7:00 PM - Jump in the car for a quick drive to the main commercial hub of Fall City for an after-dinner stroll. The Snoqualmie Valley was once a major hops-growing region; stop by the Fall City Community Park (just past the roundabout en route to Carnation - 4105 Fall City-Carnation Road SE) to check out the old Hop Shed. For sweeping views of the Snoqualmie River, walk behind the right side of the adjacent baseball field.
8:00 PM - Stop by the Last Frontier Saloon (33813 Redmond-Fall City Rd SE) for drinks served with spunky local flavor. There is often live music a block over at the Raging River Saloon on weekend nights, so if you feel like swing dancing, head on over there!
9:30 PM - Head back to your treehouse for a late-night cup of cocoa and an elevated night's sleep!
9:30 AM - Head to the Snoqualmie Falls, stopping for fresh Rainier cherries from a roadside stand along on the way. Emily and Patrick prefer going to the lower observation point (37479 SE Fish Hatchery Rd) - there, you can walk past the active hydroplant and down a boardwalk to view the base of the Falls. You can also stop by the upper viewpoint adjacent to the Salish Lodge for a breathtaking view from the top (get there early to avoid massive crowds).
10:30 AM - Continue east toward North Bend, pausing in Snoqualmie to check out the old trains and depot. The Black Dog Cafe (8062 Railroad Ave) is a great place to fuel up on coffee and snacks (they also make a delicious dinner plus hip cocktails at night). Get back in the car and head to Rattlesnake Lake in North Bend (Cedar Falls Rd SE), soaking in the views of Mt. Si on the way. Rattlesnake Ledge (towering over the lake) is a classic hike, but can be crowded in the summer. The four-mile treck consists of relatively steep switchbacks and concludes in a rocky vantage point with sweeping views of the Valley (it's stunning, but not best for those wary of heights). If you don't feel up to a hike, you can opt for relaxing and swimming in the lake below - large, partially submerged tree trunks make excellent sunning stations. As of now, you don't need a Discover Pass to park at the lake, but make sure to read signage once there in case the policy changes.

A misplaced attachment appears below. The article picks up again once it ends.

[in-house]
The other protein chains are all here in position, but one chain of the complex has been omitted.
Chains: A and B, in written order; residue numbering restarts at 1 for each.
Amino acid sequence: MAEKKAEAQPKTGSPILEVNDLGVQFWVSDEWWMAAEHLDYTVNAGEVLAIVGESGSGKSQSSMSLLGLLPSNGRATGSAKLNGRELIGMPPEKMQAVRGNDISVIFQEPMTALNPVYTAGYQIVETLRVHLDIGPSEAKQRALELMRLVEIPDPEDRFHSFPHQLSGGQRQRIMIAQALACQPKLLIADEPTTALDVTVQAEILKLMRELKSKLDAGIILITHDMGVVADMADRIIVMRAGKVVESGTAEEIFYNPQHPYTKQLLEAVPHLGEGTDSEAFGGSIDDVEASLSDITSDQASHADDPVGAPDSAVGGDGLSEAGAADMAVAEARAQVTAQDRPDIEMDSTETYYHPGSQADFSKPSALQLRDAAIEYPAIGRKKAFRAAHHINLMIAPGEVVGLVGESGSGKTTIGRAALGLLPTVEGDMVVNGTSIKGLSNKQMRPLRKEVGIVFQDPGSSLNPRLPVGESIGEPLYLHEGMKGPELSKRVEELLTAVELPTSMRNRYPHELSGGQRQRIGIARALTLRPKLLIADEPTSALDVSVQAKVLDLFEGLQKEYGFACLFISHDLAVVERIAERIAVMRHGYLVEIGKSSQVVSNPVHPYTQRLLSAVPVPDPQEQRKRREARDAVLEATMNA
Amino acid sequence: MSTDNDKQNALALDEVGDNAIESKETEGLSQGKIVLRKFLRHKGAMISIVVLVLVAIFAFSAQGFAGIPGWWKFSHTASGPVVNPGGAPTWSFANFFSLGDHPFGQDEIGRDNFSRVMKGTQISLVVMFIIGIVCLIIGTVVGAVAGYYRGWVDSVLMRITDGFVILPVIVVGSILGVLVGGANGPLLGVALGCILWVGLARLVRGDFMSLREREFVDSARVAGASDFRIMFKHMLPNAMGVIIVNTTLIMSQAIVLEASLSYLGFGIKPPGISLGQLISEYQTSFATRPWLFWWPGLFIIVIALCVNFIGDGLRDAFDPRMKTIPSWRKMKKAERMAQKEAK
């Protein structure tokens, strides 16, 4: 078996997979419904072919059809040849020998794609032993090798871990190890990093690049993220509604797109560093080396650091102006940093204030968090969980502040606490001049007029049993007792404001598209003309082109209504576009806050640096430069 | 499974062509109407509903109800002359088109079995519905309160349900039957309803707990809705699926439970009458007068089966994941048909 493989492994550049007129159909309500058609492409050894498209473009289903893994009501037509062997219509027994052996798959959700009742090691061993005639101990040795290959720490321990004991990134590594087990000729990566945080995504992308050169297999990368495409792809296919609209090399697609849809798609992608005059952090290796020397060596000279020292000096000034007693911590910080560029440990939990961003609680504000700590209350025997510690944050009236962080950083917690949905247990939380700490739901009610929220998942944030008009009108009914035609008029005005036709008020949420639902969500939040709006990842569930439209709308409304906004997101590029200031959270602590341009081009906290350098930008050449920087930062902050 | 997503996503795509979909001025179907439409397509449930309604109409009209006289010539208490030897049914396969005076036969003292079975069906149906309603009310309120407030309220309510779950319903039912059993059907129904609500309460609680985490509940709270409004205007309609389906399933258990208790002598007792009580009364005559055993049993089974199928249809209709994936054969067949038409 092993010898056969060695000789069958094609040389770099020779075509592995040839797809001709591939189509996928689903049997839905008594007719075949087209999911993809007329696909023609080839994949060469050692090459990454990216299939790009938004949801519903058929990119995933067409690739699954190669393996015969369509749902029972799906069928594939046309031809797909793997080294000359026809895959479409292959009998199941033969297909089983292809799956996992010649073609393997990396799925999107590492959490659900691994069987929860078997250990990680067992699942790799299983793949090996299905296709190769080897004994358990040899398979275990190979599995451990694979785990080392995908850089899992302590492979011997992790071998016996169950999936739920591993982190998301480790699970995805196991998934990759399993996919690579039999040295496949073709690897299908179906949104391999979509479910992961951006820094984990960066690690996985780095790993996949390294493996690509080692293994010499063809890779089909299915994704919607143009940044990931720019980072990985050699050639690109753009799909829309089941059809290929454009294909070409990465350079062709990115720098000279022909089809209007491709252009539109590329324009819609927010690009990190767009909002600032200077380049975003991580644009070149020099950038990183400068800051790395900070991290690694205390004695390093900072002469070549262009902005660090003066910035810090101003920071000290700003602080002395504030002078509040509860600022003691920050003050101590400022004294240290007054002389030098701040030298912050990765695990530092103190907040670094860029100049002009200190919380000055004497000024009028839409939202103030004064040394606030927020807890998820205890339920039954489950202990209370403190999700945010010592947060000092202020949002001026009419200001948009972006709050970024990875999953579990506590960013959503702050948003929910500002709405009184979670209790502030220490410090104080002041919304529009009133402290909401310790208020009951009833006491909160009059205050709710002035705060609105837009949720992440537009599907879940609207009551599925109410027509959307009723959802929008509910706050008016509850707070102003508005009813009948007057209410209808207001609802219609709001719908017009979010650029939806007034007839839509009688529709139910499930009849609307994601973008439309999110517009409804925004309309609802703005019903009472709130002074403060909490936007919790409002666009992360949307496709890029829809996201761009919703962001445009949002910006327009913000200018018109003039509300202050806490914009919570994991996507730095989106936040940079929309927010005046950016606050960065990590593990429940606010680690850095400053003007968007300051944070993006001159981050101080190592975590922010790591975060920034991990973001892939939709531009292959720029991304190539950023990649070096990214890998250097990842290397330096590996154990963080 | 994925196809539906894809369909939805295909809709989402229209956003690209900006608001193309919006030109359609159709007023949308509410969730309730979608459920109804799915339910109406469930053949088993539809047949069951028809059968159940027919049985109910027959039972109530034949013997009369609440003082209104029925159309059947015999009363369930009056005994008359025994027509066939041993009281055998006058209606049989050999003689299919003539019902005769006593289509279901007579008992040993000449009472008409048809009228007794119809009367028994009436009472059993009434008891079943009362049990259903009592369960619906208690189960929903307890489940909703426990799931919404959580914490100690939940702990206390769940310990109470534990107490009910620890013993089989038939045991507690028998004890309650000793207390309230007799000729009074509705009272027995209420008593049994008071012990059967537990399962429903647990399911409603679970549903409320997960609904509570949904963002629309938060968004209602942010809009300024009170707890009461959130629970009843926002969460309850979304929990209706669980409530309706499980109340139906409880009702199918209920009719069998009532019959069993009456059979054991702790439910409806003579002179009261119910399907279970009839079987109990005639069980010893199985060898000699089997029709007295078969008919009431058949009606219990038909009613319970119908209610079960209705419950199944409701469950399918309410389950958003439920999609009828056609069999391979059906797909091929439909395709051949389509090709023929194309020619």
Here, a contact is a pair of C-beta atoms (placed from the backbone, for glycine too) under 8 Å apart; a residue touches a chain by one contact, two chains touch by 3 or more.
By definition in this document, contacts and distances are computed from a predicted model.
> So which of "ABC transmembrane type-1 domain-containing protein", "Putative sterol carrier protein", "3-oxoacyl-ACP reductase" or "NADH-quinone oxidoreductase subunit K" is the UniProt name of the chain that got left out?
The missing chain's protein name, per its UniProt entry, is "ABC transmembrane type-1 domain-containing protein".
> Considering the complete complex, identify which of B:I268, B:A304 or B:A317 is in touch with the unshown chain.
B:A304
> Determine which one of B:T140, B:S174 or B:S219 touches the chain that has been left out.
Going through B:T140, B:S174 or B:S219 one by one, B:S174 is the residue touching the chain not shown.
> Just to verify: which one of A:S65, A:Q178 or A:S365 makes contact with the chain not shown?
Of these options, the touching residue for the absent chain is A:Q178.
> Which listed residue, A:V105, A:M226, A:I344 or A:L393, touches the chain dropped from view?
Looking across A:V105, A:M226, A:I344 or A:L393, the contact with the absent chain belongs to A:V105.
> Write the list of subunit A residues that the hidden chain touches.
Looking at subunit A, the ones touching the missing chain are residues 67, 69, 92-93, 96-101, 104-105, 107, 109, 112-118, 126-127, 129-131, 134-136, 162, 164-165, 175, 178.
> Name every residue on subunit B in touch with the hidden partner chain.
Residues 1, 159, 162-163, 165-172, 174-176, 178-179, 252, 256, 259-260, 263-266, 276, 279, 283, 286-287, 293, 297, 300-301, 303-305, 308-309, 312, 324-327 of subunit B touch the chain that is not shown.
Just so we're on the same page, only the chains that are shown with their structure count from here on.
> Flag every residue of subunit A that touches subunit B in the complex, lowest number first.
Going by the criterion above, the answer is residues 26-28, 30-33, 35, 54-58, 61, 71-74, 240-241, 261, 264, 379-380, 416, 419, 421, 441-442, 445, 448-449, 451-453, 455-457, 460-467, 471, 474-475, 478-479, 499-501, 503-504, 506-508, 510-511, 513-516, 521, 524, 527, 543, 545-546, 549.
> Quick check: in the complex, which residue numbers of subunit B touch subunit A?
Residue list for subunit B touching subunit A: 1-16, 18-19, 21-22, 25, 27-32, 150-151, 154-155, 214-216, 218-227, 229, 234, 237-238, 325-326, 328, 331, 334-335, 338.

2:00 PM - Head back to North Bend for lunch. For lighter fare, grab some New Mexican street tacos at Rio Bravo (247 E North Bend Way | $1.75+ per taco). If a burger and beer are more up your alley, make your way to North Bend Bar and Grill (145 E North Bend Way | $15+ per dish). Save room for dessert and swing by Twede's Cafe (137 W North Bend Way) for a slice of pie and coffee ($5+).
3:30 PM - Drive back to TreeHouse Point for an afternoon siesta in your treehouse!